Last update: 10:50 | 14/05/2018
VietNamNet Bridge – An excavation has unearthed a section of the foundations and walls of a trench on the southwest of the ruined Dien Hai Citadel in the city’s downtown district following a restoration project that began last month.
Excavated: A brick wall section of trench is excavated on the west side of the Dien Hai Citadel in Da Nang City. — VNS Photo Le Lam
Director of Da Nang Museum Huynh Dinh Quoc Thien said the first excavation exposed a 126m wall section on the west of the citadel, which was built by brick and mortar.
A section of foundations 14.2m long and 4.2m wide was also found next to the citadel wall on the west side. This foundation was built from laterite and pebble.
The excavation team suggested measuring the original section of the wall and foundation, and dismantling broken or damaged brick sections for restoration, Thien said.
The wall of the trench will be restored to fit the primary plan of the citadel, Thien said on Friday.
The team will have to revaluate the section of foundation on the west side of the citadel, due to a lack of original documents and drawings.
Natural beauty: An overview of the Hai Van Gate with two brick gates and some bunkers left from the war time. — VNS Photo Cong Thanh
According to the national heritage council, the ruins of the citadel may be the last monument in Da Nang that symbolises the sacrifice of local people and soldiers in the fight against French-Spanish colonial forces in 1858-60.
The citadel, which was recognised as a National Special Relic, is a link to Nguyen Tri Phuong (1800-73), a famous general who commanded a Vietnamese army to fight the foreign invaders.
The city still preserves the graveyard of French-Spanish coalition soldiers who died during the 1858-60 fighting.
The citadel, which is now the site of the city’s museum on Tran Phu Street, was first built as a military outpost in the twelfth year of King Gia Long’s reign (1813), near the mouth of the Han River, to control access to Da Nang Port and serve as an important defensive position.
It was renamed the Dien Hai Citadel in 1835, the fifteenth year of King Minh Mang’s reign, after it was moved inland and rebuilt on a high mount in 1823, during the fourth year of Minh Mang’s reign.
The citadel still has a moat between two brick walls and a cannon collection displayed outdoors. It has a total dimension of 653m, including two layers of walls (5.64m high inner walls and 3.29m outside wall) and a trench system 21.15m wide and 3.29m deep.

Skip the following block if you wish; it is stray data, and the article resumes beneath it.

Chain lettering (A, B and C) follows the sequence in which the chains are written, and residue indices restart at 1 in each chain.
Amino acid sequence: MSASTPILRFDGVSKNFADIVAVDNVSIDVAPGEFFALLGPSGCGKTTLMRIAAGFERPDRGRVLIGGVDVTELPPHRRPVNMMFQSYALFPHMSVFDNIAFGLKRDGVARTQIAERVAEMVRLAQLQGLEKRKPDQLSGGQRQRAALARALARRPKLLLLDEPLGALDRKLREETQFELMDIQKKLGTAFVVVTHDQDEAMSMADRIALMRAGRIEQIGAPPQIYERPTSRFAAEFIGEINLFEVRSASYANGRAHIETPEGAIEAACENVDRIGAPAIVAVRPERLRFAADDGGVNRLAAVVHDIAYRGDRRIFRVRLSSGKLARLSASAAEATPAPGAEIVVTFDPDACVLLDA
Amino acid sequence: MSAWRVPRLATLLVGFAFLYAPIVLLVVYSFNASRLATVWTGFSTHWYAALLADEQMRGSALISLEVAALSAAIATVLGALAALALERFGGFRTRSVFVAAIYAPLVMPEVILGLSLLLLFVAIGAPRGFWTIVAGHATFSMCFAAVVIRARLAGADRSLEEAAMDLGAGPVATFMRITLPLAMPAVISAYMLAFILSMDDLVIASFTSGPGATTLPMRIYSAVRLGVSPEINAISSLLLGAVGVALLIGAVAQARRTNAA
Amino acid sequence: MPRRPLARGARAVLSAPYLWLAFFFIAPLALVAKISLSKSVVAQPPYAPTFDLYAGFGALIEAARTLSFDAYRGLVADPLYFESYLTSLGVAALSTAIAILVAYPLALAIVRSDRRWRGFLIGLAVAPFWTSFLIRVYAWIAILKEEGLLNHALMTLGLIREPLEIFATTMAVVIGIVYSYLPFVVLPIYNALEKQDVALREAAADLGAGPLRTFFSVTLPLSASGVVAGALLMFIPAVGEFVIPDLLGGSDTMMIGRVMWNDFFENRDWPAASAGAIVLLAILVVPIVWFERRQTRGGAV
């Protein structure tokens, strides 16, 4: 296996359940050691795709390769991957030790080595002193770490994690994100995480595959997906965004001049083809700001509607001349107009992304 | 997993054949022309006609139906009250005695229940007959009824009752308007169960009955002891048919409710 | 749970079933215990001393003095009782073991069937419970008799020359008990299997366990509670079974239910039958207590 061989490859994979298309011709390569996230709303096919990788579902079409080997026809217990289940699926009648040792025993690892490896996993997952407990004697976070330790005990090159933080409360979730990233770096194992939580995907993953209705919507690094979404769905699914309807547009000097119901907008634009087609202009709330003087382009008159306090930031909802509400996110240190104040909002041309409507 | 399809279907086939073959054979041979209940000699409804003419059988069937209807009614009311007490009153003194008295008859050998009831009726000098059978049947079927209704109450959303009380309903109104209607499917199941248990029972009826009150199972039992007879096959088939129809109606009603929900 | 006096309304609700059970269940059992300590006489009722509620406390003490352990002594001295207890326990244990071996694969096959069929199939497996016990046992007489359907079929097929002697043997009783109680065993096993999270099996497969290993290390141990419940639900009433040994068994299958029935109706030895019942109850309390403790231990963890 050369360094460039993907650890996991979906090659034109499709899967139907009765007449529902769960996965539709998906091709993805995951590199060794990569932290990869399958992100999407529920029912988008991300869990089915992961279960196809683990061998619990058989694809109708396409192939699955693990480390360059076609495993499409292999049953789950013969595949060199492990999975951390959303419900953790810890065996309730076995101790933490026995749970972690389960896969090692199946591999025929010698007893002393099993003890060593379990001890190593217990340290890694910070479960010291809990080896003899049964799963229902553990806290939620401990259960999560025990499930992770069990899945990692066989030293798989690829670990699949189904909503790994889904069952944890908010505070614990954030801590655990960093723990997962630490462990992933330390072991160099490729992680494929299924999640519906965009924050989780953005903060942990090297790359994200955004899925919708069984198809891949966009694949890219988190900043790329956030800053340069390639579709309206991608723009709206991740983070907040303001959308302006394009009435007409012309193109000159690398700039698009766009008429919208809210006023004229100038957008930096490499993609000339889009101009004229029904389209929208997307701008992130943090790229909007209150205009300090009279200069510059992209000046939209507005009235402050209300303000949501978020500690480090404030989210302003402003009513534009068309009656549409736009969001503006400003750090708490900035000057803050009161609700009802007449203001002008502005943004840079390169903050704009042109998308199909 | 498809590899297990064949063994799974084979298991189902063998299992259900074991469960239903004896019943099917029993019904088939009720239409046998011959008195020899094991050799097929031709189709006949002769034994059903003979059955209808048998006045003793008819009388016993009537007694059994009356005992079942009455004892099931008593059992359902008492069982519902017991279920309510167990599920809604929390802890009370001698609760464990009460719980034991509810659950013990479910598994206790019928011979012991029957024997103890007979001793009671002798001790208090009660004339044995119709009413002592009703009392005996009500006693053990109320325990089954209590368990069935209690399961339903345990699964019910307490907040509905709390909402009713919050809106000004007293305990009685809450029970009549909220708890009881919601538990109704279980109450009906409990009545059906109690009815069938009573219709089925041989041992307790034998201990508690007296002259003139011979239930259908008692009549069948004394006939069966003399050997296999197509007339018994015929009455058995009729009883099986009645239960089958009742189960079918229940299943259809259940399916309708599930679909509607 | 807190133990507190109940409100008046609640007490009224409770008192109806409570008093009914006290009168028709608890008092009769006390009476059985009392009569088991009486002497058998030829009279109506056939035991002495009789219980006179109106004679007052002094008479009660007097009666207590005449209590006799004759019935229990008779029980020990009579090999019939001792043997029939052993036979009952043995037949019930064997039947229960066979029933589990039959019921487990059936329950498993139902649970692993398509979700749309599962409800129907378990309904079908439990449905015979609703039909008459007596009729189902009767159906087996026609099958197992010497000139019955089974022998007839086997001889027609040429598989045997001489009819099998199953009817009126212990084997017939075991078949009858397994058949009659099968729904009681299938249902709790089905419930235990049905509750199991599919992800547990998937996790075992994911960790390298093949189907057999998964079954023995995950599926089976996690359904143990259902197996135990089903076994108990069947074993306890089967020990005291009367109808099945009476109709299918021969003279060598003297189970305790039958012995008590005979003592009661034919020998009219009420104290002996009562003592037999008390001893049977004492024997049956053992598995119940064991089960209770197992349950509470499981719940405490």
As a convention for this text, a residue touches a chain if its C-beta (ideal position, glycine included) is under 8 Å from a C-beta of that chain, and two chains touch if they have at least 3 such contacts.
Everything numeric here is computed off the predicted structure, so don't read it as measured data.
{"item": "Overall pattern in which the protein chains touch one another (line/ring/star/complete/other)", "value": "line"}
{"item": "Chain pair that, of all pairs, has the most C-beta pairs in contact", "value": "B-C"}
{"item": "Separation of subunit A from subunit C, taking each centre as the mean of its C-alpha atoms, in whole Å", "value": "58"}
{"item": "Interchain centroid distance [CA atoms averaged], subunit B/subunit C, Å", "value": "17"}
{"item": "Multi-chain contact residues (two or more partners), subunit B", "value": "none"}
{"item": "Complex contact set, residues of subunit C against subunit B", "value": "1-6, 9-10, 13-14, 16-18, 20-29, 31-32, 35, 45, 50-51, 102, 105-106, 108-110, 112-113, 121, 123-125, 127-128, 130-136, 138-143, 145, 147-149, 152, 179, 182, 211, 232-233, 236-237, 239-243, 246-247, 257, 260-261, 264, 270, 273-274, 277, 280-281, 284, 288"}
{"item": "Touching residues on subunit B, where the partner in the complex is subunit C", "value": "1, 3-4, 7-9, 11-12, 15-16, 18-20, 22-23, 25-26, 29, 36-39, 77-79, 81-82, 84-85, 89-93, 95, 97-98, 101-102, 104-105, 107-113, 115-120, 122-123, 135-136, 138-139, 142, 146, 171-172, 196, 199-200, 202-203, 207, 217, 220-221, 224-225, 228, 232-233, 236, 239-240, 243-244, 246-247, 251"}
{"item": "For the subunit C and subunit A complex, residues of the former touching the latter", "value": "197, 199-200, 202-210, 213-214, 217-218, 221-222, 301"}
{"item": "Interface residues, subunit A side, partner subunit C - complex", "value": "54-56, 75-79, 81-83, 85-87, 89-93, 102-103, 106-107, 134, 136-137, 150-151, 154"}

A collection of 11 iron cannons cast during the Nguyen Dynasty between 1802 and 1860 and unearthed at the Dien Hai Citadel between 1979 and 2008, is planned for recognition as a national treasure.
Relic: The north gate of Hai Van sits on the top of Hai Van Pass. — VNS Photo Cong Thanh
Hai Van Gate
Another excavation began on an area of 600sq.m on the Hai Van Gate on the Hai Van Pass in the border of Thua Thien-Hue Province and Da Nang City in a restoration project.
The Hai Van Gate was recognised as National Historical Relic last year.
The Hai Van Gate, situated on the top of Hai Van Pass, is a complex of brick-built gates dating from the Tran Dynasty (1470), and octagonal bunkers from the French colonial period.
It’s a historical relic on the most beautiful pass in central Vietnam, and a landmark for Da Nang and Thua Thien-Hue.
An excavation team will dig up the area to search for damaged items, and will preserve the current buildings (two bunkers and the concrete roof of the southern gate), as well as the brick gate and stone walls.
Looking deeper: An excavation begins on the Hai Van Gate of the Hai Van Pass between Da Nang and Thua Thien-Hue. — VNS Photo Cong Thanh
The relic, which is sandwiched on the border of Lang Co Town in Thua Thien-Hue Province’s Phu Loc District and Da Nang’s Hoa Hiep Bac Ward in Lien Chieu District, attracts about 1,000 visitors per day who come by bike or bus from Hue and Da Nang.
The relic has been left in ruins since Da Nang separated from former Quang Nam-Da Nang Province in 1997.
In 1470, King Tran Nhan Tong proclaimed that the Hai Van Gate was ‘the most marvellous wonder’ in Vietnam. The inscriptions on the gate arches have survived.